In the study carried out by Ekinci et al. [29], the total carbohydrate, soluble solid, salt, ash content pH, and total acidity as lactic acid of the commercially shalgam sample were 0.29 g/L, 3.4% w/v, 2.0% w/v, 1.86% w/v, 3.43, and 6.38 g/L, respectively. These values were in accordance with standarts. Lactic, acetic, succinic, and citric acid were 8.90, 1.29, 0.22, and 1.25 g/L, respectively. The contents of fructose and sucrose were 0.104 g/L and 0.041 g/L, respectively. The total phenolic content (517.21 μg GAE/mL) and antioxidant capacity (in μmol Trolox equivalents/mL) were determined by 2,2′-azino-bis-(3-ethylbenzothiazoline-6-sulfonic acid) (ABTS) (3.42), 1,1-diphenyl-2-picrylhydrazyl (DPPH) (4.44) and ferric reducing/antioxidants power (FRAP) (2.26) assays of the commercial shalgam. These values were similar to those of other common fruit juices. Cyanidin-3-arabinoside, cyanidin-3-glucoside, and cyanidin-3-galactoside were 0.039, 0.21, and 233 ng/mL, respectively. Lactic acid bacteria (specifically Lactobacillus spp.) were 4.09 log cfu/mL. The number of total mesophilic aerobic bacteria was 2.89 log cfu/mL. Lb. plantarum subsp. plantarum, Lb. casei, Lb. brevis, and Lb. helveticus (21 Lactobacillus species and subspecies) were detected in the shalgam. It can be deduced that these species are resistant to the acidic conditions created during the fermentation. Lb. gasseri, Lb. acidophilus, Lb. delbrueckii subsp. lactis, Lb. delbrueckii subsp. delbrueckii, and Lb. delbrueckii subsp. indicus were identified at the beginning of the fermentation but died out later. Shalgam inhibited the growth of Caco-2 cells lines. This was significantly higher inhibition at 3200 μg/mL compared to black carrot. According to these results, shalgam has antioxidant, probiotic, and cell-proliferation-inhibiting properties in addition to the effects of its polyphenolic compounds. Güneş [4] determined that the addition of various quantities of black carrot had effects on the composition of shalgam. In a study where the turnip was produced by the traditional production method, 10%, 12.5%, 15%, 17.5%, or 20% black carrot were added at the beginning of carrot fermentation. The results showed that the total acidity, dry matter, ash, anthocyanins, phenolic compounds, and color index increased as the amount of black carrot increased. The total acidity as lactic acid in 10%, 12.5%, 15%, 17.5%, and 20% black carrot samples was determined to be 4.95 g/L, 5.46 g/L, 6.05 g/L, 6.74 g/L, and 7.45 g/L, respectively. The total number of yeasts varied from 7.15 to 7.80 log cfu/mL at the beginning of the fermentation. The highest yeast content was detected in the sample containing 10% carrots: 7.66 log cfu/mL at the end of the fermentation. The lowest yeast content was obtained in a sample containing 12.5% carrots: 6.76 log cfu/mL. The number of LAB varied between 7.82 log cfu/mL and 7.95/mL in shalgam at the beginning of fermentation. At the end of fermentation the number of LAB varied between 8.95 log cfu/mL (with 20% carrot) and 7.60 log cfu/mL (with 15% carrot). The level of coliform bacteria gradually declined during the fermentation and no coliform bacteria was isolated at the end. The result of sensory evaluation showed that the 17.5% carrot added sample was preferred.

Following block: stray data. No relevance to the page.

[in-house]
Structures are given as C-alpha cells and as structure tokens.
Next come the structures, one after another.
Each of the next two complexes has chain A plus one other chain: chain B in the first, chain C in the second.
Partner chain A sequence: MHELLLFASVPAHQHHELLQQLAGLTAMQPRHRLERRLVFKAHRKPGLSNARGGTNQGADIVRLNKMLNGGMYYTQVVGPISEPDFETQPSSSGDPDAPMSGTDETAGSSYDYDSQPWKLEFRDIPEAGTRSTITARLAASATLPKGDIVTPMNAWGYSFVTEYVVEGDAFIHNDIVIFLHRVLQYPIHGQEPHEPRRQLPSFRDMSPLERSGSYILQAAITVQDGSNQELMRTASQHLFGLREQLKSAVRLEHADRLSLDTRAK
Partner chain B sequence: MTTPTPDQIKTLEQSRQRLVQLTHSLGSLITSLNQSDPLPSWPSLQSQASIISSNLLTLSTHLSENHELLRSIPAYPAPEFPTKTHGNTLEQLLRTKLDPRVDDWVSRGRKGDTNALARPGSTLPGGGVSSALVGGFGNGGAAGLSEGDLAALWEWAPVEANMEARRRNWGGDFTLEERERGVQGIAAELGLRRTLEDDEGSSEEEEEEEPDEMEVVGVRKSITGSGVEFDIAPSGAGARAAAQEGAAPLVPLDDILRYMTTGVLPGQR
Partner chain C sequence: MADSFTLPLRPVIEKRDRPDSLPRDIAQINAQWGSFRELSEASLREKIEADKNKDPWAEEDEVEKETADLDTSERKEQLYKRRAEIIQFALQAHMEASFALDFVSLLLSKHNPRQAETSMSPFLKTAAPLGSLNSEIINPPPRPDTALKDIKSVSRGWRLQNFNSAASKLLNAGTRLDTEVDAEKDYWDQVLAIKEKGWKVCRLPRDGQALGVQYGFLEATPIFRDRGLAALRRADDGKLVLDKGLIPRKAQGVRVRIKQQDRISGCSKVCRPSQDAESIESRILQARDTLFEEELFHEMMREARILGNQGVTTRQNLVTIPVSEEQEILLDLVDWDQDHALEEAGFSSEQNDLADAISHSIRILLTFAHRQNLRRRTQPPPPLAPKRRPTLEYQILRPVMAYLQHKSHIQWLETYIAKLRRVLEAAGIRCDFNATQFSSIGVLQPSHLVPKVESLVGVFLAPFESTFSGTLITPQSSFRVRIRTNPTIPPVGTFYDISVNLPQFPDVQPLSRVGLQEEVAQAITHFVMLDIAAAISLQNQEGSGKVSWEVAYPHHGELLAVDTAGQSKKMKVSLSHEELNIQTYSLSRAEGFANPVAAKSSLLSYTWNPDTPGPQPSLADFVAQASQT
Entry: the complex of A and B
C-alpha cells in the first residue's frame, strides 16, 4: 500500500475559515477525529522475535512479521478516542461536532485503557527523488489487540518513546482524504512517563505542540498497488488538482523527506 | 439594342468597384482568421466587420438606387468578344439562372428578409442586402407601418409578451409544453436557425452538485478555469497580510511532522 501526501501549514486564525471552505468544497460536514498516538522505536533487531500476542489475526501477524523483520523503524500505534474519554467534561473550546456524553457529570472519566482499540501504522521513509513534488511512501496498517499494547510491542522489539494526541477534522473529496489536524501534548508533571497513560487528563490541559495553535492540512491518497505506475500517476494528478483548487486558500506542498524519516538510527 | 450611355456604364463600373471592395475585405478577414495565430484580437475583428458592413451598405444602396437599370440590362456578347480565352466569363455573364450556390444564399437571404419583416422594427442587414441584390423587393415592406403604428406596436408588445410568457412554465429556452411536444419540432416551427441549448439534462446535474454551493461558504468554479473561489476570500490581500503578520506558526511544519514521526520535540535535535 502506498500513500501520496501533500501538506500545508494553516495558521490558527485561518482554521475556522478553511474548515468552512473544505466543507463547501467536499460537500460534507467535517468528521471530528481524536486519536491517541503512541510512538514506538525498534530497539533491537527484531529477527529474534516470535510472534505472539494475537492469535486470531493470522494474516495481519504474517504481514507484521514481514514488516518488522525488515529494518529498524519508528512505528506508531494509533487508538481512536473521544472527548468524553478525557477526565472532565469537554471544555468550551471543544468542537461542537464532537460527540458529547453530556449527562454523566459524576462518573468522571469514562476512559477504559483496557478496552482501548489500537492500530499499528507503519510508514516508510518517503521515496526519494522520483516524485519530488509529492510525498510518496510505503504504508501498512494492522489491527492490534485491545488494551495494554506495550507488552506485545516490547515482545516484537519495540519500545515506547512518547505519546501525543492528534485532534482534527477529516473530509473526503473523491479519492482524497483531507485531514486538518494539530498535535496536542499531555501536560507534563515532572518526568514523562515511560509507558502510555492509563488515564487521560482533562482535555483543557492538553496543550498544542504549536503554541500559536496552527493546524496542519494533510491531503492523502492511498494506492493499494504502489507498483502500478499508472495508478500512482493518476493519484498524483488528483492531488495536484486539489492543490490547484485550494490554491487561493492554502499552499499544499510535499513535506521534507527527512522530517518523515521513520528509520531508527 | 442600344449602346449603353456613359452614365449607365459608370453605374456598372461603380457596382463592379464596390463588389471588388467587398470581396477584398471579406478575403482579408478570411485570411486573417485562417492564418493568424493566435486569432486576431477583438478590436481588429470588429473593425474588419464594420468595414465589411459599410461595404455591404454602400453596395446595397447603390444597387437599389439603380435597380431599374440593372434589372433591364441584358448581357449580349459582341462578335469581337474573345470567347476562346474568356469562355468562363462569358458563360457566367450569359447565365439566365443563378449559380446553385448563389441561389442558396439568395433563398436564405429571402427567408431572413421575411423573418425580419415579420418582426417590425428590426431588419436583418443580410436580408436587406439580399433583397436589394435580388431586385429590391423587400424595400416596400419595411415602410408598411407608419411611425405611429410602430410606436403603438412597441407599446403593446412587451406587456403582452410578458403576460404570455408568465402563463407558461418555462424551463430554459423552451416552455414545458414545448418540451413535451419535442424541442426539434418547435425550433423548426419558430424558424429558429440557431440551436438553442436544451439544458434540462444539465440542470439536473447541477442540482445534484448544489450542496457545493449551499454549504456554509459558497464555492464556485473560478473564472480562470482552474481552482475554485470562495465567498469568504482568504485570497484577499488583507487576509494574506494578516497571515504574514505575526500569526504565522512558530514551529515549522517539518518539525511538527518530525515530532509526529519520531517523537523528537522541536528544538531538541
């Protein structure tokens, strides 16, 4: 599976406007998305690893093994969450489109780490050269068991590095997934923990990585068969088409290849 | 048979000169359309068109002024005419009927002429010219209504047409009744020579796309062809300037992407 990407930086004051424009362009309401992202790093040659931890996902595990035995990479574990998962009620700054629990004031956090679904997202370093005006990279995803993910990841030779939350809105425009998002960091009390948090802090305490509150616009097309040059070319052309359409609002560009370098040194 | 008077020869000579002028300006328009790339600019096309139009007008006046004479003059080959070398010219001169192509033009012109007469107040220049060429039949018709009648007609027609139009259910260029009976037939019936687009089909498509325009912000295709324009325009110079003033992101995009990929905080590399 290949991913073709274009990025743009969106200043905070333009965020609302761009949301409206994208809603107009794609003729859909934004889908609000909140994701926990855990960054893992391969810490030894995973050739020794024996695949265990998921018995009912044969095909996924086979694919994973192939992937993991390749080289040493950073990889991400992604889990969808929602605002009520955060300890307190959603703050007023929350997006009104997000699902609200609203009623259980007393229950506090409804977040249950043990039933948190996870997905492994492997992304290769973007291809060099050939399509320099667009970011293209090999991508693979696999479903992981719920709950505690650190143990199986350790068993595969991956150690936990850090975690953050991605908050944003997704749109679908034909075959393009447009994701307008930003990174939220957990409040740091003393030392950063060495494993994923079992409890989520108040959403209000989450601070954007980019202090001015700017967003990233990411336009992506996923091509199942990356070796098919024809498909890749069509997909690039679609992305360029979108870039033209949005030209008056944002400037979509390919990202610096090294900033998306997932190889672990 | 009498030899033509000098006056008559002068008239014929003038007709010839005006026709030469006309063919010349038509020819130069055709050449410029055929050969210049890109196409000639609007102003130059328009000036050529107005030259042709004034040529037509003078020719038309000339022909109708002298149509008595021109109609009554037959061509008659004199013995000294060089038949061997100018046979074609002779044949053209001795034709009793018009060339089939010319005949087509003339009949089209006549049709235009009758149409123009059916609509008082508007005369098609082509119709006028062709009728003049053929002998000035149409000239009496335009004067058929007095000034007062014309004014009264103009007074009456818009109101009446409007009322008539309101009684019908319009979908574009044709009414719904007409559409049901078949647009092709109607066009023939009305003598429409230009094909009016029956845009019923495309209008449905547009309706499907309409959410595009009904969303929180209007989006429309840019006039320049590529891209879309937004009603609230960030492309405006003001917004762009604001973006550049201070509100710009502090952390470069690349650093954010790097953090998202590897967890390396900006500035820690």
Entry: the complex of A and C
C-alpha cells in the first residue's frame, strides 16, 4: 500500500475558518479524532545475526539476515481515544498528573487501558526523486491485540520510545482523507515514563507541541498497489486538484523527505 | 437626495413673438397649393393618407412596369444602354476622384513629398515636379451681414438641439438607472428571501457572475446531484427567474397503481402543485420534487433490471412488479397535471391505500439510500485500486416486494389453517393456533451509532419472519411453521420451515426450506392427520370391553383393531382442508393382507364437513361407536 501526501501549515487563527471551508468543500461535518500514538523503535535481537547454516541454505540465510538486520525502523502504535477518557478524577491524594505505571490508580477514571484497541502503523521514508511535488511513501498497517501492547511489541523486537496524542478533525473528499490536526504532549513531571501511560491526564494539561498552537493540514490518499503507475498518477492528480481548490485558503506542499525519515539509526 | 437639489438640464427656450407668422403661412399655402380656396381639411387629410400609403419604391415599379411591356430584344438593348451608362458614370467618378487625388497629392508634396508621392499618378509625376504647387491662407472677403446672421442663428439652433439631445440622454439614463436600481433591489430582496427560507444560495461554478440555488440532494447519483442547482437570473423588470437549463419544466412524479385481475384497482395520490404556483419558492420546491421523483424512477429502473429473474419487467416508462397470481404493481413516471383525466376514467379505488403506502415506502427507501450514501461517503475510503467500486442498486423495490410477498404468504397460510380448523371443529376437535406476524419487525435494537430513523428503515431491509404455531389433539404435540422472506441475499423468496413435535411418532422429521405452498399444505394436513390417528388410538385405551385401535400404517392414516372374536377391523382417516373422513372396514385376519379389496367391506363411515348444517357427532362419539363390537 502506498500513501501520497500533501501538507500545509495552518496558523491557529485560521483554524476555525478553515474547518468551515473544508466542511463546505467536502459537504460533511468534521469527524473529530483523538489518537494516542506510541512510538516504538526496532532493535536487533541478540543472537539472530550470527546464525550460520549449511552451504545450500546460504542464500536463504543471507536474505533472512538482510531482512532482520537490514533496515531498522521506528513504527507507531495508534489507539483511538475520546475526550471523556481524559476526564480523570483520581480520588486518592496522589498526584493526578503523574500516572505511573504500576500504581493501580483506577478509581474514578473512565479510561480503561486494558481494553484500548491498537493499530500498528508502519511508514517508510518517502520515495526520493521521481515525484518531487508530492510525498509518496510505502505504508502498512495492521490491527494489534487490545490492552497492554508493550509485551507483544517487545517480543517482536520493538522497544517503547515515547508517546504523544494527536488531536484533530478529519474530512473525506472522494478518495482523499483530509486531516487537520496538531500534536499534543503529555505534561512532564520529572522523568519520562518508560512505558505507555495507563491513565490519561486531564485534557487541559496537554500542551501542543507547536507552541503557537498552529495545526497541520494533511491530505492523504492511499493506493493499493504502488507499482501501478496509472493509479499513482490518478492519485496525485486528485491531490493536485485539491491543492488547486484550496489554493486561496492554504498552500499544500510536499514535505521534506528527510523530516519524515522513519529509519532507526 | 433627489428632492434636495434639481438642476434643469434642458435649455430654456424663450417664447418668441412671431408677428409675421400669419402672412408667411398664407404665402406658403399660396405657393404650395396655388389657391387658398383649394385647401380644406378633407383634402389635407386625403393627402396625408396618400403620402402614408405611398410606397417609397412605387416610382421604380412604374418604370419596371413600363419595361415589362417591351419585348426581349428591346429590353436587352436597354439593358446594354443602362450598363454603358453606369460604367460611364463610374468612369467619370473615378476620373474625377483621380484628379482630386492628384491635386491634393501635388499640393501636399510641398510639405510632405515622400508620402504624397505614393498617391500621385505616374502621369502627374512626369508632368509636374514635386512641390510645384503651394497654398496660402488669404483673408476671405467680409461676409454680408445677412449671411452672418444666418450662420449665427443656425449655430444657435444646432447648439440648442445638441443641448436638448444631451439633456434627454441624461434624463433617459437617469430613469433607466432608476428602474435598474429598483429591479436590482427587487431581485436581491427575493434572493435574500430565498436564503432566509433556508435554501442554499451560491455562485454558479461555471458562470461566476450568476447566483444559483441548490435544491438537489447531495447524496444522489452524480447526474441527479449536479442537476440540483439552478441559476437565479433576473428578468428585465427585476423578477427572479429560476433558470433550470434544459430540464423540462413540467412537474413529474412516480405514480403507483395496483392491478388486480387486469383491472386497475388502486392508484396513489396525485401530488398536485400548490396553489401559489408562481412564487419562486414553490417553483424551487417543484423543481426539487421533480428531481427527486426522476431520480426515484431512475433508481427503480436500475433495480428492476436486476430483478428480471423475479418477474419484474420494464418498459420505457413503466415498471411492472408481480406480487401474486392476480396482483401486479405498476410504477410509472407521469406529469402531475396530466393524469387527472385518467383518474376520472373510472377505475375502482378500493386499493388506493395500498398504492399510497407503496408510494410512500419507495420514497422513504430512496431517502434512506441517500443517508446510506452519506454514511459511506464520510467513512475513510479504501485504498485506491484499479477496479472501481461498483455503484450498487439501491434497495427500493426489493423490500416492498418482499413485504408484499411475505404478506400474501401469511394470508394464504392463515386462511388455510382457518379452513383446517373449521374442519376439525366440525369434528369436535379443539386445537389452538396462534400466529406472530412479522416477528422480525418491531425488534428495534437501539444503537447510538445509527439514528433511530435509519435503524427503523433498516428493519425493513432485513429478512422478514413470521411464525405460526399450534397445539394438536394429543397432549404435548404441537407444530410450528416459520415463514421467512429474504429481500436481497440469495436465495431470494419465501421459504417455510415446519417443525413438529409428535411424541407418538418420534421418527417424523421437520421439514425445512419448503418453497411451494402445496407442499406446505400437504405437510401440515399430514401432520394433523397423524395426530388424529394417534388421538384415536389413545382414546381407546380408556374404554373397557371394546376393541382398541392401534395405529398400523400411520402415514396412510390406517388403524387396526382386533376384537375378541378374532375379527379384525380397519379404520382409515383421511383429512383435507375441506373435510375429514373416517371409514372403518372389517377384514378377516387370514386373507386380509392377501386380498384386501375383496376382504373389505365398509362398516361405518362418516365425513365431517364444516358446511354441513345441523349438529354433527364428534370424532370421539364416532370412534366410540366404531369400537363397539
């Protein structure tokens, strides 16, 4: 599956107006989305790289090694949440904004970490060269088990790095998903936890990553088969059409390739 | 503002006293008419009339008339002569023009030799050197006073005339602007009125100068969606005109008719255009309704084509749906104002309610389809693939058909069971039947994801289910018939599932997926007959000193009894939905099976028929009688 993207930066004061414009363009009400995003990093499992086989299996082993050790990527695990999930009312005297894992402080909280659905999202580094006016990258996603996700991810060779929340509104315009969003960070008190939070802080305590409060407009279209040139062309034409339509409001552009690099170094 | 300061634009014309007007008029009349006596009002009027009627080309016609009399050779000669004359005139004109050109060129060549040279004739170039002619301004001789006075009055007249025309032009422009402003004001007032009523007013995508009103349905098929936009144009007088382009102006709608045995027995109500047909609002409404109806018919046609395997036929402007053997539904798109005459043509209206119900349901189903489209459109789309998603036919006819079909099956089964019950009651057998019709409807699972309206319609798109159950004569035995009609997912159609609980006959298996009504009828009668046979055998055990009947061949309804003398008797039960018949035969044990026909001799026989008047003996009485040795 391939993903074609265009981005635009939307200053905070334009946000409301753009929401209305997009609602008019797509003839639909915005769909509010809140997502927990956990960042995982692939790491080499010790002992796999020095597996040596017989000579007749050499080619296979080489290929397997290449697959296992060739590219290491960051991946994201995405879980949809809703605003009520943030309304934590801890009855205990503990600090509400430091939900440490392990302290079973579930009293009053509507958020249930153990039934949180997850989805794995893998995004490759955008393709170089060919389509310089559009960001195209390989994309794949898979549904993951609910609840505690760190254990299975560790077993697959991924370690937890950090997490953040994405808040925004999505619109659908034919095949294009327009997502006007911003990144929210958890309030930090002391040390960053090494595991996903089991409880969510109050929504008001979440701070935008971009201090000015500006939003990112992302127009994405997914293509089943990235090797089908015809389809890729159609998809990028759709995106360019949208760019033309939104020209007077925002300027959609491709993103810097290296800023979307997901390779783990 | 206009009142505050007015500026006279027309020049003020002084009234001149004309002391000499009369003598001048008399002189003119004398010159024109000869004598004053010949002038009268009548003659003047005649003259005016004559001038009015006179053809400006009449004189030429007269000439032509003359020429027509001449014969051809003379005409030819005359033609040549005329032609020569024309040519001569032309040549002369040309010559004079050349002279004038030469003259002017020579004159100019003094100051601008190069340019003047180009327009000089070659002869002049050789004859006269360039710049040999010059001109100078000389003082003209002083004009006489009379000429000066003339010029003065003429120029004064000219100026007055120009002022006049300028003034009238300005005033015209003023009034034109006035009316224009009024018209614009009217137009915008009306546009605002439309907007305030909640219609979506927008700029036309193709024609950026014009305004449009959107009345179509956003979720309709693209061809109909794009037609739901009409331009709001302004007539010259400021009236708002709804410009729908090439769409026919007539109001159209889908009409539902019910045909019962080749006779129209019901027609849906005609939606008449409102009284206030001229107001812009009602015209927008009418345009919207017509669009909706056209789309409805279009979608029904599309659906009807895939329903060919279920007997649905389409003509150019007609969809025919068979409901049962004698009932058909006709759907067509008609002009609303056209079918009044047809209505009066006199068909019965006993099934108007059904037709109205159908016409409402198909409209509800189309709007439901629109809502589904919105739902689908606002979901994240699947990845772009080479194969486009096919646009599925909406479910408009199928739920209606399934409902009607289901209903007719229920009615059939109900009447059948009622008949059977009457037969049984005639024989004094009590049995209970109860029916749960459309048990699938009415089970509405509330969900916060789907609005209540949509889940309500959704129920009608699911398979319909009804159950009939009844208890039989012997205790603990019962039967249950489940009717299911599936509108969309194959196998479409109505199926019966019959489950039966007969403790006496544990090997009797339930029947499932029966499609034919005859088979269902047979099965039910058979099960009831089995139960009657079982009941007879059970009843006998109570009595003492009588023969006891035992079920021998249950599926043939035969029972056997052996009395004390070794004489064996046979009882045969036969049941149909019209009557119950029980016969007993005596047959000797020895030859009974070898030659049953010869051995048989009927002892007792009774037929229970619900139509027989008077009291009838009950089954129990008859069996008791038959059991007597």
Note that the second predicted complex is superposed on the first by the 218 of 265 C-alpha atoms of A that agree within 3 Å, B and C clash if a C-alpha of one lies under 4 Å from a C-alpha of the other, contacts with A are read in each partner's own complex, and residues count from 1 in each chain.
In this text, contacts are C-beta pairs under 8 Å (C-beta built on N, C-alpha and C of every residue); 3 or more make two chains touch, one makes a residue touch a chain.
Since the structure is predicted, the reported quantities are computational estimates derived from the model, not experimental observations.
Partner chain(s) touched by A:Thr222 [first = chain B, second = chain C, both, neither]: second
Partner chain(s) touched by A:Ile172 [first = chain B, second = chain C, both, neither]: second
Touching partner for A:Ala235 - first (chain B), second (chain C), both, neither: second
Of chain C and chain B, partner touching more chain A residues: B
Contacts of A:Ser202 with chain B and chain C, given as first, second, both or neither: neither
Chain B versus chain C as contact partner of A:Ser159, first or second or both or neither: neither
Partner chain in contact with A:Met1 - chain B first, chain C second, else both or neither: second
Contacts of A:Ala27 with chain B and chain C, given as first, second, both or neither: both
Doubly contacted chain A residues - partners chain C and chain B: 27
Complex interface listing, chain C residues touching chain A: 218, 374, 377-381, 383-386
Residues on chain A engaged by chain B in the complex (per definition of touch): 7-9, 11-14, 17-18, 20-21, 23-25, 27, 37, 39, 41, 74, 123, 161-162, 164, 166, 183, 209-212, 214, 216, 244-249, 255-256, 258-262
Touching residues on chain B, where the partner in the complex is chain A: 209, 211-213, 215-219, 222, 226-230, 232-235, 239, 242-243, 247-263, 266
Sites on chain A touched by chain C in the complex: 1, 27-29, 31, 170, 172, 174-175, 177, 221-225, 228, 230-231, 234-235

In one study, the aroma compounds in shalgam produced by traditional and direct methods, and addition of lactic acid bateria cultures were examined. The aroma compounds of shalgam were extracted were extracted by liquid–liquid extraction technique with pentane/dichloromethane and analyzed by gas chromatography-mass spectrometry (GC–MS). In shalgam 20 terpenes, 9 esters, 5 lactones, 9 alcohols, 5 volatile acids, 6 volatile phenols, 3 naphthalenes, 2 carbonyl compounds and 1 C13-norisoprenoids were identified. The total volatile content of the shalgam samples increased with addition of Lb. plantarum [65].